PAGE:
It takes the body a certain amount of time to learn what to do with some vegetable products or, for that matter, with any food to which it is not accustomed. How long the transition takes depends on a person’s background and inherent strengths and weaknesses.
For people from societies with traditionally low levels of meat consumption – parts of Latin America, Ireland, the far east, or among certain agriculturally based Native American cultures – the process can be less of a physiological strain. Cravings for animal products are deeply rooted.
If protein and other requirements are easily met by vegetarian products, why do people crave meat? Is it because meat is food their bodies recognize? Our observation in working with people attempting to abandon animal products is that often they will return to these products for a combination of physical and psychological needs.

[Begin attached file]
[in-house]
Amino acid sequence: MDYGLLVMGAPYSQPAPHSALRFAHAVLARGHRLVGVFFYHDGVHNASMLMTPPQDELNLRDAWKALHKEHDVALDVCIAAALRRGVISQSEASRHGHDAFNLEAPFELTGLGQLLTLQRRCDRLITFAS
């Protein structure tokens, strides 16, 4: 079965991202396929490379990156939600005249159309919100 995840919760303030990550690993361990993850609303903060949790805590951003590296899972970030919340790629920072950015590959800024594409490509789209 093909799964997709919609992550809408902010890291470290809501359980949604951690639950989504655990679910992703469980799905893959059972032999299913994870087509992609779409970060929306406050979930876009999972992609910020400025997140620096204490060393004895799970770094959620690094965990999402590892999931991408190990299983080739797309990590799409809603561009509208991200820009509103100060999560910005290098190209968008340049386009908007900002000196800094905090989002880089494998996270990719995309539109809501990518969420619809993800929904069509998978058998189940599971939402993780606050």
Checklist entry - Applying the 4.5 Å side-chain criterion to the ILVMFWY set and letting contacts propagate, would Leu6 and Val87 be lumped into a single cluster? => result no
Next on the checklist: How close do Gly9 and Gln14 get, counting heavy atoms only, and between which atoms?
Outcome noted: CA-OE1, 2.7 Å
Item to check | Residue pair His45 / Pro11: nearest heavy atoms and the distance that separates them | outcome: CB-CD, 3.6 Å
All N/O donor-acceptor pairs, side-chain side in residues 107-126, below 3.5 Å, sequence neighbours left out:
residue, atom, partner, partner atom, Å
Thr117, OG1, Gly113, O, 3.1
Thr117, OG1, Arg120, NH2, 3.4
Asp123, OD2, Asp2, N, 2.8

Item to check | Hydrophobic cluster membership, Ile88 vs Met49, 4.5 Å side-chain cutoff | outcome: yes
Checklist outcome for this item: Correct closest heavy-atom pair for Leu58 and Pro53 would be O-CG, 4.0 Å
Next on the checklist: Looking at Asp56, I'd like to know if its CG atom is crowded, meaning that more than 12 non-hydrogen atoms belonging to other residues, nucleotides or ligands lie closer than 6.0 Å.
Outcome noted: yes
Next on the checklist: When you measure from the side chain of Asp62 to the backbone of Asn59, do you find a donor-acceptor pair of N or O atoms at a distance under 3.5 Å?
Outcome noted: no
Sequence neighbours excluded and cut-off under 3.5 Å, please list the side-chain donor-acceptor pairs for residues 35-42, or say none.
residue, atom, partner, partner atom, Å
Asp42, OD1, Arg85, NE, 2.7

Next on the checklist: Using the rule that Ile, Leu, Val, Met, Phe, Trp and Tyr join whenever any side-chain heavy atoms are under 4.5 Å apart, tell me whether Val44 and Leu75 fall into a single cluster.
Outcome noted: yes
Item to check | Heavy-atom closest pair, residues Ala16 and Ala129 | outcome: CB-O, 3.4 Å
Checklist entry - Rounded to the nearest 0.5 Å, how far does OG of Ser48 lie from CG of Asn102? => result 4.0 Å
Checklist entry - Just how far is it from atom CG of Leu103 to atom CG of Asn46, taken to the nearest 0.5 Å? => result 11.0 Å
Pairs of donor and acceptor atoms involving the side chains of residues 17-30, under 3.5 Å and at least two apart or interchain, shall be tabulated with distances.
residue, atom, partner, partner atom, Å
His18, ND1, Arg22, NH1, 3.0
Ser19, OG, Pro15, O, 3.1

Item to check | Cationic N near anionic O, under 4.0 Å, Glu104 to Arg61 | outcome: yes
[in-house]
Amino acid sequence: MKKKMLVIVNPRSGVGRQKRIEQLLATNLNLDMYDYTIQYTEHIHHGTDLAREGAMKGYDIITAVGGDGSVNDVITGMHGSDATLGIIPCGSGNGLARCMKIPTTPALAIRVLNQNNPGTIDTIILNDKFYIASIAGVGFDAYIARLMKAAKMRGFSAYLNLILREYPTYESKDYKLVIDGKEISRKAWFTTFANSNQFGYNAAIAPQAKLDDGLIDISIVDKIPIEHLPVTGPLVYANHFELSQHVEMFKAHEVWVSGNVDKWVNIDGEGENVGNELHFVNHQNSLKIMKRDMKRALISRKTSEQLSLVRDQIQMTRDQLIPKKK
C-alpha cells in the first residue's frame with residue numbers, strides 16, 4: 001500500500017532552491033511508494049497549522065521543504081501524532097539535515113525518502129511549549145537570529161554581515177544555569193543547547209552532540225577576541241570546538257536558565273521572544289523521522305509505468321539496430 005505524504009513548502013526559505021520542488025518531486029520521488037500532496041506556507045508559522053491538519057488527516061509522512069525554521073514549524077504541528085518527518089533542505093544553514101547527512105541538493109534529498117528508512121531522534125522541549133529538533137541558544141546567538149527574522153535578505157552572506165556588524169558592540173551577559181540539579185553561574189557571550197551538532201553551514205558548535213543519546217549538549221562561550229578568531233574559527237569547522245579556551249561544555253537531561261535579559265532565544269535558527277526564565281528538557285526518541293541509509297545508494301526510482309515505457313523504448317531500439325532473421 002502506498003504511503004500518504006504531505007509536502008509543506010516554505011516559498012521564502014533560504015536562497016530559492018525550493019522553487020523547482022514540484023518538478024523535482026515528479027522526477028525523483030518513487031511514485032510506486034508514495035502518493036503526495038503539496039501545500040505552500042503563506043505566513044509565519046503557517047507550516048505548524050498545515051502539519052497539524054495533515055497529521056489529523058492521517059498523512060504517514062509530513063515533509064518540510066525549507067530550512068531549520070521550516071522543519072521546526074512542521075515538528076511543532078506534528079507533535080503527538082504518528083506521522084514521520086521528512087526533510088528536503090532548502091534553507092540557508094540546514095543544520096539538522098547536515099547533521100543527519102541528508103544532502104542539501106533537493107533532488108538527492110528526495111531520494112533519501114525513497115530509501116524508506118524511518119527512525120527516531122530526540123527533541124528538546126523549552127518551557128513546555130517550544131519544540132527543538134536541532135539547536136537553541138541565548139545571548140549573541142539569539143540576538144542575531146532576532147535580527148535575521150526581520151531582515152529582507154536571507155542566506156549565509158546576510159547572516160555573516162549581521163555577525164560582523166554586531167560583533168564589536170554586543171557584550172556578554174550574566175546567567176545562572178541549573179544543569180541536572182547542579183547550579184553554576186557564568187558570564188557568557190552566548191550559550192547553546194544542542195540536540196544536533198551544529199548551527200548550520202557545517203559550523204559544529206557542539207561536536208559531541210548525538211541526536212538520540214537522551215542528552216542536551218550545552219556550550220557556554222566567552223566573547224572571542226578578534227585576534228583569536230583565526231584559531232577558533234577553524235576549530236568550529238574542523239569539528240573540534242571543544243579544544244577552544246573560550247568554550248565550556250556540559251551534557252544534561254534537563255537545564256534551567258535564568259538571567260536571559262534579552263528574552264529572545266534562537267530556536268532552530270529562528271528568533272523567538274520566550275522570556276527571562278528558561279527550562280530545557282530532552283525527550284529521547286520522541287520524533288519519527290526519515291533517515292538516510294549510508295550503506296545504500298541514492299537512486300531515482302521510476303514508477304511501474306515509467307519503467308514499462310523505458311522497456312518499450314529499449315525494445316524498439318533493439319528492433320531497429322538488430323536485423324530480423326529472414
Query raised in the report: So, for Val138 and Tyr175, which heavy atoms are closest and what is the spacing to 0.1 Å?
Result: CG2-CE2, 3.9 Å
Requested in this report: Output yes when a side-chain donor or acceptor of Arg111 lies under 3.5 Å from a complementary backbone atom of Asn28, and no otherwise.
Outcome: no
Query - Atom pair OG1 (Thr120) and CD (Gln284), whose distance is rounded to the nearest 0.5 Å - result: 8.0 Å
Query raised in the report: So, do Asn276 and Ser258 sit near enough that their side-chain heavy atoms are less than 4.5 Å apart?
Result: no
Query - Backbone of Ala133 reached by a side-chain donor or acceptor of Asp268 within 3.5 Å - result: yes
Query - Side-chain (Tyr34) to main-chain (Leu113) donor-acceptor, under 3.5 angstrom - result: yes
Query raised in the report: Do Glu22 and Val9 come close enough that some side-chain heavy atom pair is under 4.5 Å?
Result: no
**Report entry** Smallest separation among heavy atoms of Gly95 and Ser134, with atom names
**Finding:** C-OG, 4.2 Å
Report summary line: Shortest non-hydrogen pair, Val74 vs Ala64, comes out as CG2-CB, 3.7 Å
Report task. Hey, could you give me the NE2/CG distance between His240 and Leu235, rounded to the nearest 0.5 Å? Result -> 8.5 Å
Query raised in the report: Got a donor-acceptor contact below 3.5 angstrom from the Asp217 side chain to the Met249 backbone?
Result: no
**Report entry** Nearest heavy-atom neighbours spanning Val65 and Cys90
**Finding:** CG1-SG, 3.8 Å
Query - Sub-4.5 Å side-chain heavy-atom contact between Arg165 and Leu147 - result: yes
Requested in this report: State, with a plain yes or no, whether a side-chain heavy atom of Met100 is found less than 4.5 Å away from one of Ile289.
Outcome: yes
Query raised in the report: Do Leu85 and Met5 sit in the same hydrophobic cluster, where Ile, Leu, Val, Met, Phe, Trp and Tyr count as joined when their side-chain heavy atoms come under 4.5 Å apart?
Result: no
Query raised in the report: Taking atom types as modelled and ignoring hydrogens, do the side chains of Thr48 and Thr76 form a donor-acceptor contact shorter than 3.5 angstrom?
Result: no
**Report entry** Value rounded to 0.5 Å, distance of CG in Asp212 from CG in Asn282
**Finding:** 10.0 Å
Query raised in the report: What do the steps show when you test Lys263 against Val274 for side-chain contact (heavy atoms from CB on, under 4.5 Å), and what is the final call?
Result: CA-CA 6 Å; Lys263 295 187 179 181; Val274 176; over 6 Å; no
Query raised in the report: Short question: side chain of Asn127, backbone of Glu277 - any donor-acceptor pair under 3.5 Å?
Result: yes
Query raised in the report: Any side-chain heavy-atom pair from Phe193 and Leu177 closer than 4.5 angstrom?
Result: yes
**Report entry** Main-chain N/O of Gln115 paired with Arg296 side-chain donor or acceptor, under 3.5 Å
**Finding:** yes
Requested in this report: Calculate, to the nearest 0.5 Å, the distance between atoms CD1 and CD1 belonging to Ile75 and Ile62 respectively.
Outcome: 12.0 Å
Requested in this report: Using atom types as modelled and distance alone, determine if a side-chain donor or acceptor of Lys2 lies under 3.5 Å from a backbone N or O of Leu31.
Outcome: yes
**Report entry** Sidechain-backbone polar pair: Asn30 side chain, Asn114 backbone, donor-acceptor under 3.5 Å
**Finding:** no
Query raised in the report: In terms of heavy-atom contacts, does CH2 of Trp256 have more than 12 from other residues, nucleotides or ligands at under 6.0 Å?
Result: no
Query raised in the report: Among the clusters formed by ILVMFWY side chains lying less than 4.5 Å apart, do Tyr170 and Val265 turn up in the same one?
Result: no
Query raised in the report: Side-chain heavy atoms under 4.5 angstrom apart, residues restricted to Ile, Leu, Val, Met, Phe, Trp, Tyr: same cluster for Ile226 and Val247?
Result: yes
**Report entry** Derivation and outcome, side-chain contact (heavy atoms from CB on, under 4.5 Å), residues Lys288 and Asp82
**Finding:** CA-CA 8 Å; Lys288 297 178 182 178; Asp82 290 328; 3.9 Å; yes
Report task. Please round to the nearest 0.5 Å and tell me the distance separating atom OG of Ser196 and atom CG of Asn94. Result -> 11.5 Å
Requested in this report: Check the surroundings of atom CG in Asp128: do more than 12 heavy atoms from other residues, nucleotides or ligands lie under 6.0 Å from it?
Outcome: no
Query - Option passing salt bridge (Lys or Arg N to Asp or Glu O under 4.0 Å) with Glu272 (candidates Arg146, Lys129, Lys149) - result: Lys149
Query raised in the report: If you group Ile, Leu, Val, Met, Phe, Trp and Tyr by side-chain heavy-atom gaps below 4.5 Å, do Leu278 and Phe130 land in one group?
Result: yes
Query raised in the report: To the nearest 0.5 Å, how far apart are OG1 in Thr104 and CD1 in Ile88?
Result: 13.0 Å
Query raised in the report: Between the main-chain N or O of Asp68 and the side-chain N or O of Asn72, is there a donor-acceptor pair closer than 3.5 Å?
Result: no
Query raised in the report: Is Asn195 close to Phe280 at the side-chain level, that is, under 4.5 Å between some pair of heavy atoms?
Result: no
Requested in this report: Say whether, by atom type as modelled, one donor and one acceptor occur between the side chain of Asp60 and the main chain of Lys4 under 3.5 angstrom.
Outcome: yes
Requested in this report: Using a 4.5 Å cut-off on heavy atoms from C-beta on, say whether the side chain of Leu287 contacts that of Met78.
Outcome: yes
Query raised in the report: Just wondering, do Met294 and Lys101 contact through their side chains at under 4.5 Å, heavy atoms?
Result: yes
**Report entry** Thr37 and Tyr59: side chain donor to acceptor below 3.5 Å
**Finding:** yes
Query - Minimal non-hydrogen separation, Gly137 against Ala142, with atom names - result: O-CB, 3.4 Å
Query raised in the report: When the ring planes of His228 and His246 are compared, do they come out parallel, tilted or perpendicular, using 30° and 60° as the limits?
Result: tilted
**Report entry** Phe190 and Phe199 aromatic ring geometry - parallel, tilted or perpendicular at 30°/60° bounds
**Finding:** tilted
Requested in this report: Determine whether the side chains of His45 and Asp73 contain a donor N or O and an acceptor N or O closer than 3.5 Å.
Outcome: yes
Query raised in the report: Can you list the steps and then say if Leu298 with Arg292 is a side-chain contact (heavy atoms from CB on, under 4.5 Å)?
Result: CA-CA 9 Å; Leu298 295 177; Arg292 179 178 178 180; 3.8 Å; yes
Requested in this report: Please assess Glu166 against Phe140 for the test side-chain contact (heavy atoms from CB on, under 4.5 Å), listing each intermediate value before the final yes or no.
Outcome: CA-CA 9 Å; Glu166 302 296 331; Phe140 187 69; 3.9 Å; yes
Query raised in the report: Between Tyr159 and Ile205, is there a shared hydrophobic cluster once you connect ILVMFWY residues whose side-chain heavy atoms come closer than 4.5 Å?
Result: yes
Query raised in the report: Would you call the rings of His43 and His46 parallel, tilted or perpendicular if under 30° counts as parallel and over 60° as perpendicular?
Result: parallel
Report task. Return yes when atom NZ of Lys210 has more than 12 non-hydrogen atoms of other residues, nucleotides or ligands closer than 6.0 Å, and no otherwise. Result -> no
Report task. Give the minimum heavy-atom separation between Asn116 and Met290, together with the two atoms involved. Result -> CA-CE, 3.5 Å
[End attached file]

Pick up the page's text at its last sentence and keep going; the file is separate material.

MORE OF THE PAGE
Animal products greatly support certain deep emotions and feelings of identification of the individualized self-ego). Until the ego is sufficiently developed, it is impossible and even undesirable to move beyond it. Unfortunately, it is all too easy to become fascinated with various levels of the ego, our desires for possessions, power, sensuality, and emotional stimulus.
Fatty foods like meats that become obstructive support stagnant ego positions and attachments. Ego development, however, cannot be maintained or halted by any class of food itself, but merely occurs more readily, smoothly, and harmoniously with vegetal foods.